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Aim: The aim of this article is to systematically review the effect of subcrestal implant placement compared with equicrestal position on hard and soft tissues around dental implants with platform switch. Material and methods: A manual and electronic search (National Library of Medicine and Cochrane Central Register of Controlled Trials) was performed for animal and human studies published up to December 2016. Primary outcome variable was marginal bone level (MBL) and secondary outcomes were crestal bone level (CBL), soft tissue dimensions (barrier epithelium, connective tissue, and peri-implant mucosa), and changes in the position of soft tissue margin. For primary and secondary outcomes, data reporting mean values and standard deviations of each study were extracted and weighted mean differences (WMDs) and 95% confidence intervals (CIs) were calculated. Results: A total of 14 publications were included (7 human studies and 7 animal investigations). The results from the meta-analyses have shown that subcrestal implants, when compared with implants placed in an equicrestal position, exhibited less MBL changes (human studies: WMD = - 0.18 mm; 95% CI = - 1.31 to 0.95; P = 0.75; animal studies: WMD = - 0.45 mm; 95% CI = - 0.66 to - 0.24; P < 0.001). Furthermore, the CBL was located at a more coronal position in subcrestal implants with respect to the implant shoulder (WMD = - 1.09 mm; 95% CI = - 1.43 to - 0.75; P < 0.001). The dimensions of the peri-implant mucosa seem to be affected by the positioning of the microgap and were greater at implants placed in a subcrestal position than those inserted equicrestally (WMD = 0.60 mm; 95% CI = 0.26 to 0.95; P < 0.001). While the length of the barrier epithelium was significantly greater in implants placed in a subcrestal position (WMD = 0.39 mm; 95% CI = 0.19 to 0.58; P < 0.001), no statistical significant differences were observed between equicrestal and subcrestal implant positioning for the connective tissue length (WMD = 0.17 mm; 95% CI = - 0.03 to 0.36; P = 0.10). Conclusion: This systematic review suggests that PS implants placed in a subcrestal position have less MBL changes when compared with implants placed equicrestally. Furthermore, the location of the microgap seems to have an influence on the dimensions of peri-implant soft tissues. Clinical relevance When compared with PS placed in an equicrestal position, subcrestal implant positioning demonstrated less peri-implant bone remodeling.
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Objective: The aim of this randomized clinical trial was to compare the effect on the interproximal implant bone loss (IBL) of two different heights (1 and 3 mm) of definitive abutments placed at bone level implants with a platform switched design. Material and methods: Twenty-two patients received forty-four implants (6.5-10 mm length and 3.5-4 mm diameter) to replace at least two adjacent missing teeth, one bridge set to each patient-two implants per bridge. Patients were randomly allocated, and two different abutment heights, 1 and 3 mm using only one abutment height per bridge, were used. Clinical and radiological measurements were performed at 3 and 6 months after surgery. Interproximal bone level changes were compared between treatment groups. The association between IBL and categorical variables (history of periodontitis, smoking, implant location, implant diameter, implant length, insertion torque, width of keratinized mucosa, bone density, gingival biotype and antagonist) was also performed. Results: At 3 months, implants with a 1-mm abutment had significantly greater IBL (0.83 ± 0.19 mm) compared to implants with a 3-mm abutment (0.14 ± 0.08 mm). At 6 months, a greater IBL was observed at implants with 1-mm abutments compared to implants with 3-mm abutments (0.91 ± 0.19 vs. 0.11 ± 0.09 mm). The analysis of the relation between patient characteristics and clinical variables with IBL revealed no significant differences at any moment except for smoking. Conclusions: Abutment height is an important factor to maintain interproximal implant bone level in early healing. Short abutments led to a greater interproximal bone loss in comparison with long abutments after 6 months. Other variables except smoking showed no relation with interproximal bone loss in early healing.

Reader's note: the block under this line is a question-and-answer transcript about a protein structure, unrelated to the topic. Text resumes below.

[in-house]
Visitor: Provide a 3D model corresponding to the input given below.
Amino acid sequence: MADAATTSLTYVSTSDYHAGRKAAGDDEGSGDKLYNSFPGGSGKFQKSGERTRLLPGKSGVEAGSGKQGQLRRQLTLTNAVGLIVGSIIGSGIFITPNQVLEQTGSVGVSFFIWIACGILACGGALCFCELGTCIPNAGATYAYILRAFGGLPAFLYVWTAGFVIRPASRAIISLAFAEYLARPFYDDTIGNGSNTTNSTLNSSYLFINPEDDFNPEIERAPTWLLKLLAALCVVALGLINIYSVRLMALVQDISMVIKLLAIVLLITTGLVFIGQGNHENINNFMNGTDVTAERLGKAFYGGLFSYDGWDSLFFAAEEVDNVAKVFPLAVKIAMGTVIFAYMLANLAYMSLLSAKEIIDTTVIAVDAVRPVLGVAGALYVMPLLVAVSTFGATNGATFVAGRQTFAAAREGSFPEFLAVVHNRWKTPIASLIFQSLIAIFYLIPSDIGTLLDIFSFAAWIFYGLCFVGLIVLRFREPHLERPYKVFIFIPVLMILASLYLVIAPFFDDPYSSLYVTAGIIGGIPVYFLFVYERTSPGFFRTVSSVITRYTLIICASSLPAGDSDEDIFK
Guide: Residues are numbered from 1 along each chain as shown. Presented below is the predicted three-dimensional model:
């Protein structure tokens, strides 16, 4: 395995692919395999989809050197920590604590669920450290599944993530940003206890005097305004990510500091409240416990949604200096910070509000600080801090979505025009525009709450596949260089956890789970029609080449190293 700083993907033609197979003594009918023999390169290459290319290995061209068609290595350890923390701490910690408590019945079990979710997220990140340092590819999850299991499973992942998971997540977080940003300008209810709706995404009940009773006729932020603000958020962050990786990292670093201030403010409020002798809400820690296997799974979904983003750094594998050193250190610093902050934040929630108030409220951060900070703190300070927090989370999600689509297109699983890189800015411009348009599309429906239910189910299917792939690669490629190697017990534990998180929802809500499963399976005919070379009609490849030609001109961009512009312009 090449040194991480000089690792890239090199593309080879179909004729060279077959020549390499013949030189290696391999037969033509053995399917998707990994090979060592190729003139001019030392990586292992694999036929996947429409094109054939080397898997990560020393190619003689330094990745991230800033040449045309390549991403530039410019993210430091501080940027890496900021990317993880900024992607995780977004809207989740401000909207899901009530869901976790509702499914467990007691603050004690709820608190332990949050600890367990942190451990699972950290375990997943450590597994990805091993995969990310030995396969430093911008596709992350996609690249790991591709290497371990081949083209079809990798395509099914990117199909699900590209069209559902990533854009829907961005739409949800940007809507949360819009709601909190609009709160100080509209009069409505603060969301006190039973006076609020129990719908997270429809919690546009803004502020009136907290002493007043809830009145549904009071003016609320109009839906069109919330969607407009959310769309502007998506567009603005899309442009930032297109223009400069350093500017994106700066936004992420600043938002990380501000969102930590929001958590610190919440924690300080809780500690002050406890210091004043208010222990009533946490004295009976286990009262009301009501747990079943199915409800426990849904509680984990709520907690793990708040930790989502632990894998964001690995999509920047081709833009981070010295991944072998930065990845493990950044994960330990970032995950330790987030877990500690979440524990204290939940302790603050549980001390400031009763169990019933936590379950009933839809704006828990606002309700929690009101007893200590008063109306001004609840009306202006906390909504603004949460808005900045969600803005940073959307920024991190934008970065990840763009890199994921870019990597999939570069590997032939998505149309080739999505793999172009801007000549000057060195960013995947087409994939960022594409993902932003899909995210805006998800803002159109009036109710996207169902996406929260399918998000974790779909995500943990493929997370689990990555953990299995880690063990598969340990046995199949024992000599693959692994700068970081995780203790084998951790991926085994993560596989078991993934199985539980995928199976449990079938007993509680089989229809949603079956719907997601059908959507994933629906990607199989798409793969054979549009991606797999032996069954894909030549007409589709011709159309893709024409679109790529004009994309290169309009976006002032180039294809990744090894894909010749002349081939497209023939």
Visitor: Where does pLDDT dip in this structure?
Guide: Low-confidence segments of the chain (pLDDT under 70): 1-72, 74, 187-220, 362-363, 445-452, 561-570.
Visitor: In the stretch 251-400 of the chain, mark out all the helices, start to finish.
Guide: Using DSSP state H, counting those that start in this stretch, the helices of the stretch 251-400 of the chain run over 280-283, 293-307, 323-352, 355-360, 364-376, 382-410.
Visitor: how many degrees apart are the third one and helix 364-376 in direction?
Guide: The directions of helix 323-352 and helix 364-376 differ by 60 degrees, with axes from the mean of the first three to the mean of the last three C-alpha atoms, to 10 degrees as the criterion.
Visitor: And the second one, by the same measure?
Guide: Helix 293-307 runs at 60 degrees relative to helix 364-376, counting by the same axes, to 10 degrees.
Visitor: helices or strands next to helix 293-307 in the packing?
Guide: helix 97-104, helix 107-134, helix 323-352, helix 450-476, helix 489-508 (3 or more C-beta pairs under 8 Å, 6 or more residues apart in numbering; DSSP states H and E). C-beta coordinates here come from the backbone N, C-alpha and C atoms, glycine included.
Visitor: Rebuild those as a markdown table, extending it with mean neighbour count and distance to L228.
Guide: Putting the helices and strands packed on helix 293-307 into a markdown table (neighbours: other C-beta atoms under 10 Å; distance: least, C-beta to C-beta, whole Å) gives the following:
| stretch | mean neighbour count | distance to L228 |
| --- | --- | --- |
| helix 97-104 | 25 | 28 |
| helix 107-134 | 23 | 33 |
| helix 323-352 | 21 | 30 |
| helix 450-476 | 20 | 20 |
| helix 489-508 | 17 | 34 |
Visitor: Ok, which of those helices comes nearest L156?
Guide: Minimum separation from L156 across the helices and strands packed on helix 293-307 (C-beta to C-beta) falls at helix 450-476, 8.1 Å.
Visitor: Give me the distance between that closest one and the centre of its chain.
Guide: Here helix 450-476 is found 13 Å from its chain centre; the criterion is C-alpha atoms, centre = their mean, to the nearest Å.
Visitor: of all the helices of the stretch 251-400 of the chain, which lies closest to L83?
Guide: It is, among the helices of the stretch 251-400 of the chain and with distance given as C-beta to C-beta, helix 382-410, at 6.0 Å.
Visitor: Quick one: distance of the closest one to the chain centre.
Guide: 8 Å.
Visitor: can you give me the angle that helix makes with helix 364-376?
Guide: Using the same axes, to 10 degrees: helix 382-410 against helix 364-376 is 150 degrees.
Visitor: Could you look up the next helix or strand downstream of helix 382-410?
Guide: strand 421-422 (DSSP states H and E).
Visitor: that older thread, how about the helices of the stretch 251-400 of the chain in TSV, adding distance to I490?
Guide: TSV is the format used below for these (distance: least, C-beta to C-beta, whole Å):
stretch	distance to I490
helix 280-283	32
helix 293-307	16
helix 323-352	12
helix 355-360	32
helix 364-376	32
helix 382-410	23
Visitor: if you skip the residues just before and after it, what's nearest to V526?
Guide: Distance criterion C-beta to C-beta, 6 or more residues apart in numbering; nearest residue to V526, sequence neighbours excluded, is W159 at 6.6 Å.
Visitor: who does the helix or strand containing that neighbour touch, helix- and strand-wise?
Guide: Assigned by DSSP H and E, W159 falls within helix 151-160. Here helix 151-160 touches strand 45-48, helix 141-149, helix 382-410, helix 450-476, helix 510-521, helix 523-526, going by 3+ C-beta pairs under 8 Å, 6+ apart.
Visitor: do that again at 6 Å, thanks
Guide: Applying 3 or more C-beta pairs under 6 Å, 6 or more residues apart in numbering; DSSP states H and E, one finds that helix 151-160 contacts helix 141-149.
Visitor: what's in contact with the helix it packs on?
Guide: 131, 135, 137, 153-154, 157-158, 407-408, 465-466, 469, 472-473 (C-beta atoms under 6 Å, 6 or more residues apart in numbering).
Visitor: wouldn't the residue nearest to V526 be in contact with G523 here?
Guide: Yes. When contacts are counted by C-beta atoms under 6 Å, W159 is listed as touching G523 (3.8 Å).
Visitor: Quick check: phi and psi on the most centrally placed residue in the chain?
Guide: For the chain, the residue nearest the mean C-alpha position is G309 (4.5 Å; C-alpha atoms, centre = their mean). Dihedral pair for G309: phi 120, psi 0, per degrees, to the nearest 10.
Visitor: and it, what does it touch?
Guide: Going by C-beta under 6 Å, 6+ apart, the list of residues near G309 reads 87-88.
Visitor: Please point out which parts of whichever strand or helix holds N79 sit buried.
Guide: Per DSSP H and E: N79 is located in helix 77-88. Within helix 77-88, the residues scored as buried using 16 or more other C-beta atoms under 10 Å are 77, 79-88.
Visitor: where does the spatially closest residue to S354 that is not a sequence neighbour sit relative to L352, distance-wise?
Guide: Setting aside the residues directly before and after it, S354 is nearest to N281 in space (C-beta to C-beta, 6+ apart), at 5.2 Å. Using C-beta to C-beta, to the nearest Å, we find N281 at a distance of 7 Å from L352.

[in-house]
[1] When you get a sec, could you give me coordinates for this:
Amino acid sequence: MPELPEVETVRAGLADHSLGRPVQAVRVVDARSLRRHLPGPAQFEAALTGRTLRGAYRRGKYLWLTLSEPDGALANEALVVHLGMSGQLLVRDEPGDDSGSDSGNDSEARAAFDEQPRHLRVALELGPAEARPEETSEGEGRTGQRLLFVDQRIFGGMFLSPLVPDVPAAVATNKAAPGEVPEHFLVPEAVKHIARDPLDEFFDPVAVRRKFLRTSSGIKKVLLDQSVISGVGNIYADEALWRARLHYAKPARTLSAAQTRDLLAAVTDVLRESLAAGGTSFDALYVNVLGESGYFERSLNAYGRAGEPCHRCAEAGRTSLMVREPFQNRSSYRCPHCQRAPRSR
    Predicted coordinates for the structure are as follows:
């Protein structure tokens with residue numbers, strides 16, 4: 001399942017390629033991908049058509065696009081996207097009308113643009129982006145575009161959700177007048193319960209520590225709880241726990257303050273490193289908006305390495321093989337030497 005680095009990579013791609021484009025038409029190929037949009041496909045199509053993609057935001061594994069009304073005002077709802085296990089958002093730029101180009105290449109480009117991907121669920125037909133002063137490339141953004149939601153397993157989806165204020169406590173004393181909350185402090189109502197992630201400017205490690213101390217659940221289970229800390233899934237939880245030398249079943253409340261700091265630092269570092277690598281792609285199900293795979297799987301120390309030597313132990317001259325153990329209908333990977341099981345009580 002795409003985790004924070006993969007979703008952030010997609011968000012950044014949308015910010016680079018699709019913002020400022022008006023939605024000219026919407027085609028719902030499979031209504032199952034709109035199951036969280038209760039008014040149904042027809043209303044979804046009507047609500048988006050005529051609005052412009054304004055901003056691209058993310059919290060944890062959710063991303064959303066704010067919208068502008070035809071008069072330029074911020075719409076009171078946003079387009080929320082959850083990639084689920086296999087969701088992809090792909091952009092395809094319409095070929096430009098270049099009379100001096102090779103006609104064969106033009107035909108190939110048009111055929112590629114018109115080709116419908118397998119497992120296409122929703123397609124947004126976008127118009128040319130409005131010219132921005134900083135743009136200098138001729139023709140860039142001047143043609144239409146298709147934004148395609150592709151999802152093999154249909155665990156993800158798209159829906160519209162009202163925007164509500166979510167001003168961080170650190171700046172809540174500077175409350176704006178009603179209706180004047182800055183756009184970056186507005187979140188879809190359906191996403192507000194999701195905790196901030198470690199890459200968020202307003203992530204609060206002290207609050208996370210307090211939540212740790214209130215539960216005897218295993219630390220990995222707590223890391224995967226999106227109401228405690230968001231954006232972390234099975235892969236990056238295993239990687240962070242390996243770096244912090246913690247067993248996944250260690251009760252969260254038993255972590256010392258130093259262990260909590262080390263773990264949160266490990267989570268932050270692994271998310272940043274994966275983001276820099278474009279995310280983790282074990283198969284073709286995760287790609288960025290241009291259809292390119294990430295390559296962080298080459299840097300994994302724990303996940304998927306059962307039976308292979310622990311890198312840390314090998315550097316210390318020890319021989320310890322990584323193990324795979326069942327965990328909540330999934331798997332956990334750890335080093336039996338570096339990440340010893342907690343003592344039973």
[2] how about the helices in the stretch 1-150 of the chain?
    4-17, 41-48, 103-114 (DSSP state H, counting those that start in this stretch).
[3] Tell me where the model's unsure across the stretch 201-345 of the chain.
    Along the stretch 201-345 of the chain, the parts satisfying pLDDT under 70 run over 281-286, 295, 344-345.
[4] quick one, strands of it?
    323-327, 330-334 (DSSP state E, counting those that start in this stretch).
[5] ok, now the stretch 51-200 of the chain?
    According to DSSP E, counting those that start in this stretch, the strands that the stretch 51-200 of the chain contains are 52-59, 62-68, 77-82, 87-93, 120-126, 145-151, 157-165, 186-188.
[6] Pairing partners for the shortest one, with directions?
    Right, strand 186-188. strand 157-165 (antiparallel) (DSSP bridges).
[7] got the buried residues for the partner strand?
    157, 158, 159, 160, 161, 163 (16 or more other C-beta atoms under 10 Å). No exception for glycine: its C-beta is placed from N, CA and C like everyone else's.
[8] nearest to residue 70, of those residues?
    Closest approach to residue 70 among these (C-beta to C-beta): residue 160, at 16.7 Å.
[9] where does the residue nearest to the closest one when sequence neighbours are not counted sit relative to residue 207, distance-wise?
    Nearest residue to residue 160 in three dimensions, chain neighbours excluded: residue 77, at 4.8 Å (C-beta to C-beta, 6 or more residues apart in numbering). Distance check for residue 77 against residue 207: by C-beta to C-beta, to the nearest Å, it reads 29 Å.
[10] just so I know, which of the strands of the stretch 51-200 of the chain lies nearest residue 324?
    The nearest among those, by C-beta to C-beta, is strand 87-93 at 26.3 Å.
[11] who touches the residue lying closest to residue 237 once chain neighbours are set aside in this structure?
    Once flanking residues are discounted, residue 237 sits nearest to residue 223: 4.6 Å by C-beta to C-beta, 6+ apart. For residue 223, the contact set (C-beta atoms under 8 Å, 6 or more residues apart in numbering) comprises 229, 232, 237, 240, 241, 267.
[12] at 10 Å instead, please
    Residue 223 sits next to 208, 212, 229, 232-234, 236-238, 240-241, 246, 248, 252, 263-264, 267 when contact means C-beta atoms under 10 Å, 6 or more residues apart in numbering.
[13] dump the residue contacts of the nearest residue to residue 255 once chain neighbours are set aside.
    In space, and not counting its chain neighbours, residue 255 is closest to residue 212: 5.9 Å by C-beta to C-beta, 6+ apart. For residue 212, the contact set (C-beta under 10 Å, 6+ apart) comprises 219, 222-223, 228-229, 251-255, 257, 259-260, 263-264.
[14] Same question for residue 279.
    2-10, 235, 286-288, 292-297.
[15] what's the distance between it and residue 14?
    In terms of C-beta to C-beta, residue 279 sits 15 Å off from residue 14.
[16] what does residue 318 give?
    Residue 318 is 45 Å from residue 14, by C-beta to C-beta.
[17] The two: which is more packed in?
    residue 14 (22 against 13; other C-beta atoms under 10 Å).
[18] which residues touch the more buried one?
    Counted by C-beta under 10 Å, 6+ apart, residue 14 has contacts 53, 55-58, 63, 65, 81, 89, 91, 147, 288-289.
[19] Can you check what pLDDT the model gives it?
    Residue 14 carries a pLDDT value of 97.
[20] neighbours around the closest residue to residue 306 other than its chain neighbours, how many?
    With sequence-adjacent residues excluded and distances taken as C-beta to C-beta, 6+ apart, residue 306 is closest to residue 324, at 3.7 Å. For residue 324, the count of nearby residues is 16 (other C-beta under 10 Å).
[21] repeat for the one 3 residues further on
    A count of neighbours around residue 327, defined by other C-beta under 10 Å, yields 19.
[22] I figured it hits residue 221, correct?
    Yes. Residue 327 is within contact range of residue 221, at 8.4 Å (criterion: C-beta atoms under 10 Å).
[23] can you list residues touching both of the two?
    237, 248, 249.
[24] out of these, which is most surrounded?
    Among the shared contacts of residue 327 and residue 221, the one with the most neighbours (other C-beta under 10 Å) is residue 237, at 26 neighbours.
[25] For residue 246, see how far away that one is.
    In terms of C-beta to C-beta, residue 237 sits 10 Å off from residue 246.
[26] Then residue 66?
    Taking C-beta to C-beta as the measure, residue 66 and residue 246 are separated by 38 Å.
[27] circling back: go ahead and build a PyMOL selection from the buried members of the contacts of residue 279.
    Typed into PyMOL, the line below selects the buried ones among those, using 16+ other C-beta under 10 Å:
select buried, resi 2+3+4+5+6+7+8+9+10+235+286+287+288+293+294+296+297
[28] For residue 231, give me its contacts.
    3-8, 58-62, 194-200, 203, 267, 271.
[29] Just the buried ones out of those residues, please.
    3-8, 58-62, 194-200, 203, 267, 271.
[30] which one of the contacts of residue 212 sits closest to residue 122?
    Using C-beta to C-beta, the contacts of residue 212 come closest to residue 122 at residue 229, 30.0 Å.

Article
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The aim of this study was to compare implant failure and radiographic bone level changes with different loading protocols for unsplinted two-implant-supported mandibular overdentures. An electronic search of two databases (PubMed, Cochrane Library) was performed, without language restriction, to identify randomized controlled trials (RCTs) comparing immediate or early versus conventional dental implant loading protocols for unsplinted two-implant-supported mandibular overdentures. Data were extracted independently by two reviewers. The Cochrane tool was used to assess the quality of included studies. A meta-analysis was performed. Eight RCTs were identified, seven of which were included; one trial was excluded because related outcomes were not measured. Four of the seven studies were considered to have a high risk of bias and three an unclear risk. Meta-analysis revealed no difference between immediate versus conventional or early versus conventional implant loading protocols regarding implant failure (risk difference (RD) -0.02, 95% confidence interval (CI) -0.13 to 0.10; RD 0.09, 95% CI -0.03 to 0.20) or marginal bone loss (mean difference (MD) 0.09, 95% CI -0.10 to 0.28; MD -0.05, 95% CI -0.12 to 0.02) for implants supporting mandibular overdentures. These findings should be interpreted with great caution given the serious numerical limitations of the studies included.
Article